eye vision

Image source: https://www.nei.nih.gov/learn-about-eye-health/healthy-vision/how-eyes-work#:~:text=When%20light%20hits%20the%20retina,into%20the%20images%20you%20see.

Photoreceptor cell

Photoreceptors are specialized cells in which light rays are ultimately converted into nerve impulses. There are two types of photoreceptors: cones and rods. Each retina has about 6 million cones and 120 million rods. Rods allow us to see in dim light or in the moonlight. Because rods do not provide colour vision, in the dim light we can see only black, white, and all shades of grey in between. Brighter lights stimulate cones, which produce colour vision.  Visual acuity is high in cones as compared to rods. Three types of cones are present in the retina :

  1. Blue cones, which are sensitive to blue light.
  2. Green cones, which are sensitive to green light.
  3. Red cones, which are sensitive to red light.

Mechanism of eye vision

Light rays hit on the retina through the cornea and the lens generates an impulse in rods and cones. The photosensitive compounds called photopigments in the human eyes are composed of opsin (a protein) and retinal (an aldehyde of vitamin A). After the light hits, there is the dissociation of the retinal from opsin resulting in changes in the structure of the opsin. Due to this membrane permeability changes. After that potential differences are generated in the photoreceptor cells. This produces a signal that generates action potentials in the bipolar cell as well as the ganglionic cell. These action potential impulses are further transmitted by the optic nerves to the visual cortex area of the brain. The neural impulses are detected and the image formed on the retina is recognized based on earlier memory and experience.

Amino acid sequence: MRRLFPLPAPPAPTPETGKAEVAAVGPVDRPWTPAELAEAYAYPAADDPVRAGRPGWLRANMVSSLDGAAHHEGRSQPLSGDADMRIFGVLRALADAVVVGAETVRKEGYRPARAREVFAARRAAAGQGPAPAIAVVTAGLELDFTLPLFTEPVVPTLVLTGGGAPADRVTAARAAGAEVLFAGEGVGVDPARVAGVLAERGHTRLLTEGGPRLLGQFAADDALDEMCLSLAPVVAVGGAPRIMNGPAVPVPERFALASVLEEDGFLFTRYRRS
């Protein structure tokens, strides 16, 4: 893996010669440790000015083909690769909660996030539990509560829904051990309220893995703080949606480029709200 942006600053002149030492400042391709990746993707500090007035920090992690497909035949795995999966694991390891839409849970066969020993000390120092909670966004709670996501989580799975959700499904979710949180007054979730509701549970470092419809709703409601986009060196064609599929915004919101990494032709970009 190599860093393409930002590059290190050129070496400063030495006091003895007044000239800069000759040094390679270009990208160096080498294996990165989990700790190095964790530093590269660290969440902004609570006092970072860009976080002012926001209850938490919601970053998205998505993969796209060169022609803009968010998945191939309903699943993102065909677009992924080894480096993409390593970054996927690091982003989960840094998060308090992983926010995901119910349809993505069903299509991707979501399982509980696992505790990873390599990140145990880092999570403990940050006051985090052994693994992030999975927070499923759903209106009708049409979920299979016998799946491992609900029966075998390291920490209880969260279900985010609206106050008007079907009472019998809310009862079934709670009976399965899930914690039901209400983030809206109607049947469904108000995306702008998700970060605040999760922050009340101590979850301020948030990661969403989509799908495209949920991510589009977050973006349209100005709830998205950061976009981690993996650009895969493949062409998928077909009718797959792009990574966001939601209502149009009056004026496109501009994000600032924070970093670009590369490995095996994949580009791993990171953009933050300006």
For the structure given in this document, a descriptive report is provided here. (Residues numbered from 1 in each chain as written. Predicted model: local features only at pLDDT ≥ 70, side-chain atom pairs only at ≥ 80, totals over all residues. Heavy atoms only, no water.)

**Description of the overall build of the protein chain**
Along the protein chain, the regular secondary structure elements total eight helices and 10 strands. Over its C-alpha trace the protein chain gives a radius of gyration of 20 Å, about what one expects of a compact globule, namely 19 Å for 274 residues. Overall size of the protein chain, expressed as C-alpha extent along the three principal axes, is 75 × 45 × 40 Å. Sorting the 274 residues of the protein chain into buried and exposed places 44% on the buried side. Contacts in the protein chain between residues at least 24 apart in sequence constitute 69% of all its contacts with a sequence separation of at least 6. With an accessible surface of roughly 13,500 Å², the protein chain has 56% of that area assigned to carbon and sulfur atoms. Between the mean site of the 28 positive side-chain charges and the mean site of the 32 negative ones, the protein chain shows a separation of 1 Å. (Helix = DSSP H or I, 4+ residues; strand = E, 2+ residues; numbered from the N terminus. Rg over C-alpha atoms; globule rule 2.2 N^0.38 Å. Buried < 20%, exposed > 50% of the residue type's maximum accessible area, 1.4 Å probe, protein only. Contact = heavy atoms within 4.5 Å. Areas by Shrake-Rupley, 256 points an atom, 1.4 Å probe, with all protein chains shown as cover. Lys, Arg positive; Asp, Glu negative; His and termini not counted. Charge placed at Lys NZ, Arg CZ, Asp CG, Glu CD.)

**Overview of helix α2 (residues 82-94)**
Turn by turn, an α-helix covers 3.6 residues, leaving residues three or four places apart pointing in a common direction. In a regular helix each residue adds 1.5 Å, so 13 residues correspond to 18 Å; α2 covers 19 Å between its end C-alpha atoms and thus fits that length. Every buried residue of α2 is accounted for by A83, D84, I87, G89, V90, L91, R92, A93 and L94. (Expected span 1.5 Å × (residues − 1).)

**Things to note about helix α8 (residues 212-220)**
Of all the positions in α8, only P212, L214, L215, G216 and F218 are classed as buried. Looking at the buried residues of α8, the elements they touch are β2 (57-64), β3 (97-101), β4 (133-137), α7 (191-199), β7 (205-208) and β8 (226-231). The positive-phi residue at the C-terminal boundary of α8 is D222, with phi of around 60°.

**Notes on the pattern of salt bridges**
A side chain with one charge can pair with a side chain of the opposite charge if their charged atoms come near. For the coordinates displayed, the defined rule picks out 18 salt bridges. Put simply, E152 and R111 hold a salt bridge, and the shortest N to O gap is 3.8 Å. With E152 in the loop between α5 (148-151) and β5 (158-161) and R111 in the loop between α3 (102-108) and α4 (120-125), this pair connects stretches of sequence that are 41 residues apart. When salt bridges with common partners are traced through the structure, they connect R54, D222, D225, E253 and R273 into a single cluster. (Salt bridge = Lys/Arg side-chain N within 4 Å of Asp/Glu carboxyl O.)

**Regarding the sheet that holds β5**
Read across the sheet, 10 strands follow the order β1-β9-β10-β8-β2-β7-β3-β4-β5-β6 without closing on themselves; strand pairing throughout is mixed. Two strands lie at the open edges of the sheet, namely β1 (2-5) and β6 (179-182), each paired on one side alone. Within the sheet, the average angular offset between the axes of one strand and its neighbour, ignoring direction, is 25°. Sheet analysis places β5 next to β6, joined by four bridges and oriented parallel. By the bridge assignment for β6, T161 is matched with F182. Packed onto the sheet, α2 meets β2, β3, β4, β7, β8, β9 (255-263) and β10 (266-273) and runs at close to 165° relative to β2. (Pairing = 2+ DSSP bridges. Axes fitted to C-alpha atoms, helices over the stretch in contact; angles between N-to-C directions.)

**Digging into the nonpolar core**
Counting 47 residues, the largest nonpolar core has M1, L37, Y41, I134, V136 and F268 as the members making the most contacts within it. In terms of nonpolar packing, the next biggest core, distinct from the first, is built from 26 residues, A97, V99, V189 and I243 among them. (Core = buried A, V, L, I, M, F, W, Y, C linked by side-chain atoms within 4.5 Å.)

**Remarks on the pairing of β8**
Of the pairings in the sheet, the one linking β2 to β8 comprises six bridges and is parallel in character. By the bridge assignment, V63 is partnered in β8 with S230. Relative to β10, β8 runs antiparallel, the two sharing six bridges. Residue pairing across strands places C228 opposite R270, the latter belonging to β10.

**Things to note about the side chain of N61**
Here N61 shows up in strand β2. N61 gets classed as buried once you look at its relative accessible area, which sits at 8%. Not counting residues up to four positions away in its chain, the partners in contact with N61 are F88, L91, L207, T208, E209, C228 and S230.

mechanism of eye vision

Image source- https://www.cns.nyu.edu/~david/courses/perception/lecturenotes/eye/eye.html

Symptoms associated with eye vision

  • Severe pain in the eye.
  • Change or sudden loss of vision.
  • Floaters.
  • Blurred vision of the eye.
  • Watery and red eyes.
  • The foreign body inside the eye may cause complexes.

tips to keep your eyes healthy

Disorders related to eye vision

  • Eyestrain -Tiredness of the eyes.
  • Refractive Errors -Far-sightedness, short-sightedness, distorted vision.
  • Dry eye syndrome – Tear glands are not able to make tears.
  • Night Blindness [Nyctalopia] – Difficult in seeing in low light.
  • Conjunctivitis [bacterial/Viral/Allergic] – Inflammation in the conjunctiva.
  • Amblyopia– It is due to eye vision in one eye due to a vision development disorder.
  • Eye floaters – Spots [ cobwebs, strings, rings] in the vision.
  • Blepharitis – Inflammation of the eyelid causing crusty /dry eyelid, grittiness, and stickiness.
  • Cataract:  A cataract is an opacity within the clear lens of the eye
  • Glaucoma – When the intraocular pressure increases it may result in damage to the optic nerve.
  • Photophobia-No clear image in presence of bright light.

Interesting facts about eye vision

  • Eyes are thought to be first developed in animals around 550 million years ago.
  • The eye can blink and lasts for 100-150 milliseconds. 
  • The human eye can function without needing to rest.
  • Brown is the most common colour of the eyeball.
  • The first blue-eyed person is said to have lived 6,000-10,000 years ago.
  • Babies are colour-blind at birth.
  • Blind people can see their dreams as long as they weren’t born blind with non-keratinized squamous epithelium.
  • The ostrich brain is smaller than the eye.
  • Dogs can’t distinguish between green and red.
  • Bees consist of five eyes.
  • Humans can see only red, green, and blue.

                                                    YOUR EYES SHOW OFF THE STRENGTH OF YOUR SOUL

To summarize, eyes are complex sensory organs having a regulated mechanism of vision

Further reading- How the Eyes Work | National Eye Institute (nih.gov)